By Luke Netzley

Pasadena Weekly Deputy Editor

South Pasadena’s Anitra Terrell was in the lowest point of her life after losing her job.

She reflected on her happiest memory: an eight-week trip to Ghana as a Fulbright scholar in 2006.

“A museum near where I was living at the time got word that I was going to Ghana and asked me to be a textile buyer while I was there and to purchase various African fabrics for their permanent collection,” Terrell said.

During her trip, she worked at the college in the mornings and afternoons, then spent her evenings in the marketplace. Terrell also spent time in rural villages to see how African textiles were handmade. She also learned about the local art.

“It was such a transformative experience, and I was instantly drawn to it,” Terrell said. “I fell in love with the culture and artistry of these ancestral crafts, ones that have been made the same for generations.”

From traversing rope bridges above the idyllic canopies of the Ghanaian rainforest to learning the art of haggling in bustling marketplaces, Terrell gained an invaluable insight into the art and culture of Ghana.

“I was laid off in 2013 and, like a lot of people, I wasn’t sure what to do at that point or where to go next,” Terrell said. “So, I sat still, and I thought about the happiest moments in my life. The time I spent in Ghana surfaced repeatedly, and I said, ‘Whatever I do next, I want that experience to be a part of it.’”

With bachelor’s and master’s degrees in marketing, Terrell wanted to use her business experience to uplift artists and share pieces of art that meant a lot to her. Then, one day while she was out shopping for bedding, she was inspired.

“We often go into stores and think, ‘OK, this stuff is cool,’ but it doesn’t speak to you,” Terrell explained. “That was the light bulb moment. I said, ‘If I’m in the store looking for something that speaks to me, my experiences and my culture, I’m sure a lot of other people are, too.’ And so I decided I was going to create a home décor brand that celebrates the various types of African art and interiors to help other people find more of those pieces and create that sense of connection to African art and culture.”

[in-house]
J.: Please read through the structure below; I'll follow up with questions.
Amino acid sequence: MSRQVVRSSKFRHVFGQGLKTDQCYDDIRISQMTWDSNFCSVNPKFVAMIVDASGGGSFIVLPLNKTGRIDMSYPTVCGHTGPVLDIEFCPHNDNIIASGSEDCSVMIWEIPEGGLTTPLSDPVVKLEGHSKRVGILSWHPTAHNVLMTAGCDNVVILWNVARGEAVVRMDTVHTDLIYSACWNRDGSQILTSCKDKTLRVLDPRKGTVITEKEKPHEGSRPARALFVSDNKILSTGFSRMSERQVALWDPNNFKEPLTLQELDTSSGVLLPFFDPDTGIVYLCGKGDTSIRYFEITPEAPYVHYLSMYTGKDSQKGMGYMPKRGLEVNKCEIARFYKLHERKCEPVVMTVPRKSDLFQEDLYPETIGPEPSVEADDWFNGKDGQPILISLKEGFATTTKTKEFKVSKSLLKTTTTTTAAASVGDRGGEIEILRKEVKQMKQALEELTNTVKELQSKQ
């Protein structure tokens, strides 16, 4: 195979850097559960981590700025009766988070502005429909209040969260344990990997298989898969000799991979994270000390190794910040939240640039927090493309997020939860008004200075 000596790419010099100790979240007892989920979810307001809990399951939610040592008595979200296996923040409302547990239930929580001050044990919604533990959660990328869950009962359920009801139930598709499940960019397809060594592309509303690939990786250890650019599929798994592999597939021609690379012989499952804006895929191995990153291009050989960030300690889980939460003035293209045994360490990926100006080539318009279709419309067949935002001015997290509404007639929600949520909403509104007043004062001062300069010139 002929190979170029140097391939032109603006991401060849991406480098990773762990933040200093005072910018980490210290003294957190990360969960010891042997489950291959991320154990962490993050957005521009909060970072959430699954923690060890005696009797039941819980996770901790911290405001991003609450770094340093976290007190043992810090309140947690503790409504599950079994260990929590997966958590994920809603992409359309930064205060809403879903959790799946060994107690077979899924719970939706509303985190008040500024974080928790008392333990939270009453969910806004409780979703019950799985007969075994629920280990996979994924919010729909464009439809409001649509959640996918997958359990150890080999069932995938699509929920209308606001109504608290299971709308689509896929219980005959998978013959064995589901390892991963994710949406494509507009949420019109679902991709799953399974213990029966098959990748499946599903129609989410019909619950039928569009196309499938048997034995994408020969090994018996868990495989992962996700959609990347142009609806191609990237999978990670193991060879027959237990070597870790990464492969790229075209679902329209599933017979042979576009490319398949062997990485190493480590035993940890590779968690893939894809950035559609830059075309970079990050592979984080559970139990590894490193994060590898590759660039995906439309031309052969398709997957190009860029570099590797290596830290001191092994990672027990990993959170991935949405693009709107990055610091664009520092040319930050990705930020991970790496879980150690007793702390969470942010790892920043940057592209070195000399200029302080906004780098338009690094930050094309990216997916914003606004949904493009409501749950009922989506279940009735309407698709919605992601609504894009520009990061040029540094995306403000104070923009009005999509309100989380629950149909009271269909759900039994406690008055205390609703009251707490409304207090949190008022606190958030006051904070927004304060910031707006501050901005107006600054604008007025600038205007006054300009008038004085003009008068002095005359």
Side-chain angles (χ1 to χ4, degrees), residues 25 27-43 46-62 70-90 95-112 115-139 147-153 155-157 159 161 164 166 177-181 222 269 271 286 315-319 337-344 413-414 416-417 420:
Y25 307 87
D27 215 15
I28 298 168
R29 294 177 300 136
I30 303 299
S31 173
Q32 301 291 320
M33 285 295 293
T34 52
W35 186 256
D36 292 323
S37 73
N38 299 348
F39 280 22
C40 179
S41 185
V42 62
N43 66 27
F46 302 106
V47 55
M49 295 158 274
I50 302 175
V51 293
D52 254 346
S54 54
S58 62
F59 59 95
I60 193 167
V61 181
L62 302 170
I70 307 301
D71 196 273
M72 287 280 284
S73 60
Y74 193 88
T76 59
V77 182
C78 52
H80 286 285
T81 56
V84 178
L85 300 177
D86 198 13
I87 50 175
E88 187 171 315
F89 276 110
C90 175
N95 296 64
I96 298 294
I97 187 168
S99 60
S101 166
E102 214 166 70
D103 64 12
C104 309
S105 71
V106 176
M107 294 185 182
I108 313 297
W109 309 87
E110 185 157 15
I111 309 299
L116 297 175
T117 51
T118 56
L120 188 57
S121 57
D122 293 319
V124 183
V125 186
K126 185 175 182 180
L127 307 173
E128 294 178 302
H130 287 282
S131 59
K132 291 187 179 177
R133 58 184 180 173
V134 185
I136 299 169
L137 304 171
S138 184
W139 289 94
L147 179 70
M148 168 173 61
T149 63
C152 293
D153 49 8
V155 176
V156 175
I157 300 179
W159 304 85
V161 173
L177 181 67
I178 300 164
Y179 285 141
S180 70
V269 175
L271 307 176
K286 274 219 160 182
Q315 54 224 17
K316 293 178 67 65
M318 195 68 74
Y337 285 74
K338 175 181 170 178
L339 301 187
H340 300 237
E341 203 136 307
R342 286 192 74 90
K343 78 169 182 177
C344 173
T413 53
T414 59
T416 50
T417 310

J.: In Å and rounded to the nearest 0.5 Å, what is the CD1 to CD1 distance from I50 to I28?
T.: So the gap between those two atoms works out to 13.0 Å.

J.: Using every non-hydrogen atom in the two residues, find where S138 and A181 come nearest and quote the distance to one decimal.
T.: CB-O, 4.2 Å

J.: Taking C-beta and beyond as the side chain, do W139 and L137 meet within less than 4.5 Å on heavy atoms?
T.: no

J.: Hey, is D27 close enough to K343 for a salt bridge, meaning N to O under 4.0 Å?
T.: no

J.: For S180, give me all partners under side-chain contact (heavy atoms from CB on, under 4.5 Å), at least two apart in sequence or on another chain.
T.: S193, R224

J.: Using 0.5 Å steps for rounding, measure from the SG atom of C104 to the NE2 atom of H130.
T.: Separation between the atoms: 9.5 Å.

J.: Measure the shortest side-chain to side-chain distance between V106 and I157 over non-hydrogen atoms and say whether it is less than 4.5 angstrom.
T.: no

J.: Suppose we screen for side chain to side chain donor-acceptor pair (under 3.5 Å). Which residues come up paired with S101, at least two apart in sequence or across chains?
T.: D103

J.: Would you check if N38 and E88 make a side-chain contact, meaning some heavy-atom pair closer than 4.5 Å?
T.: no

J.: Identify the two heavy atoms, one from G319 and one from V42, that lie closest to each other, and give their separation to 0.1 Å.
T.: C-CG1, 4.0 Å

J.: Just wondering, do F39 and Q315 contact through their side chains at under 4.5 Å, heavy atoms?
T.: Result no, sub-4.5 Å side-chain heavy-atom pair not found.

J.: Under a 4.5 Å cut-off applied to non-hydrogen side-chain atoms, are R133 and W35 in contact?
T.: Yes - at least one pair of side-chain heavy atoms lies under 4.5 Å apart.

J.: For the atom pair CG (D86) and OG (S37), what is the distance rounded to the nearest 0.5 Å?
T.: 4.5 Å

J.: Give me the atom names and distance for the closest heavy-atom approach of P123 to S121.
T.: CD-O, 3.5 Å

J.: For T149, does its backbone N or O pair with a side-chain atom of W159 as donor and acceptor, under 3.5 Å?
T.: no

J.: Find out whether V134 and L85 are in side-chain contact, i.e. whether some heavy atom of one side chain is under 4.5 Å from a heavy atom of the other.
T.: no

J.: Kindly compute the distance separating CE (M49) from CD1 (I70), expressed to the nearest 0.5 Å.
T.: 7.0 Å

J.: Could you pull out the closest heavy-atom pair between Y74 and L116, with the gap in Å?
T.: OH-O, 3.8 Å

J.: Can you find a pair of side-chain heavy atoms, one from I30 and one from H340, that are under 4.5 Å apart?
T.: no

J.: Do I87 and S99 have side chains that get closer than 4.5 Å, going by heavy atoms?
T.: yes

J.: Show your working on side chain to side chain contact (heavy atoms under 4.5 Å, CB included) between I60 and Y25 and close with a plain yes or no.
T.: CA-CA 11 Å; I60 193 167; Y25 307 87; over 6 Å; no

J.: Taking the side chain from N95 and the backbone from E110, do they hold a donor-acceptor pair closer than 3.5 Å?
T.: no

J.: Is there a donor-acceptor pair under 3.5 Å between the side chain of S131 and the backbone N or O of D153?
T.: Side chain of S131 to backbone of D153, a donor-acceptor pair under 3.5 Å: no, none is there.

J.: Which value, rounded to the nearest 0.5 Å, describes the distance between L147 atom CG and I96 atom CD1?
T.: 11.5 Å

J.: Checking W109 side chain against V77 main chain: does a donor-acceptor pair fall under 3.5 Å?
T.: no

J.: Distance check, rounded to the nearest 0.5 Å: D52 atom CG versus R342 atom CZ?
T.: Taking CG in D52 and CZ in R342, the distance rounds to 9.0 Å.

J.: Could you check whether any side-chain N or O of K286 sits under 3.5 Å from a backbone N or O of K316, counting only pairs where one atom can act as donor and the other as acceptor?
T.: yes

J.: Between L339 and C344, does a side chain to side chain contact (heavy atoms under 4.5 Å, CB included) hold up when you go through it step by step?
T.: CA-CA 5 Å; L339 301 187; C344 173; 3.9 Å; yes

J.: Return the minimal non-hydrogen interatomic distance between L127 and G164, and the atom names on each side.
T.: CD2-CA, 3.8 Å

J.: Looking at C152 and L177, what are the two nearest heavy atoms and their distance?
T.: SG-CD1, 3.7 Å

Armed with her past partnerships with artisans across the African continent and a burning desire to share her love for their ancestral crafts, Terrell started Reflektion Design in a South Pasadena studio apartment, where she used her bed as a cutting table and stored fabrics in the closet.

“South Pasadena is such a warm and beautiful place,” Terrell described. “It definitely helped inspire the colors that I use and the fabrics that I source. My first major pop-up was at the West Elm in Pasadena, and the community was very welcoming to Reflektion Design.”

The business has grown into a thriving online marketplace and has been featured by Architectural Digest, Essence Magazine and HGTV. Terrell works directly with artisans in Ghana, Uganda and Kenya to source baskets, wall art, tableware and throw pillows to customers around the world. They’re drawn to the shop by the visual beauty of the products and their rich history.

“It’s like when you have a family heirloom in your home, like a blanket that belonged to your grandmother or a cigar box that belonged to an uncle of yours,” Terrell said.

“Every time you see that item in your home, you’re reminded of that individual or maybe a story or an experience you had with them that brings back good memories. It’s the same with art. A lot of customers that I have either aspire to travel to Africa or they’ve been in the past. Many of them have relatives who were in the Peace Corps, and they say, ‘Wow, this reminds me of the trip that I took to Nigeria 30 years ago. I haven’t seen this type of art since.’

“So just like we have our family heirlooms. We also have pieces from our travels or from special occasions. I believe that the more things we have in our home with meaning, the more meaningful of a home we create.”

Terrell will continue to form retail partnerships with artists and artisans across continental Africa and will design her own art as well.

“I want to encourage people to shop small,” Terrell said. “Many larger chain stores may carry similar products, but check with your local businesses first. Oftentimes the smaller businesses have a closer connection to the artisans themselves, so you know you’re getting something authentic and the artisan is being paid a fair wage.”

To visit and stay connected with Reflektion Design, visit their website,, or social media pages on Facebook and Instagram @reflektiondesign.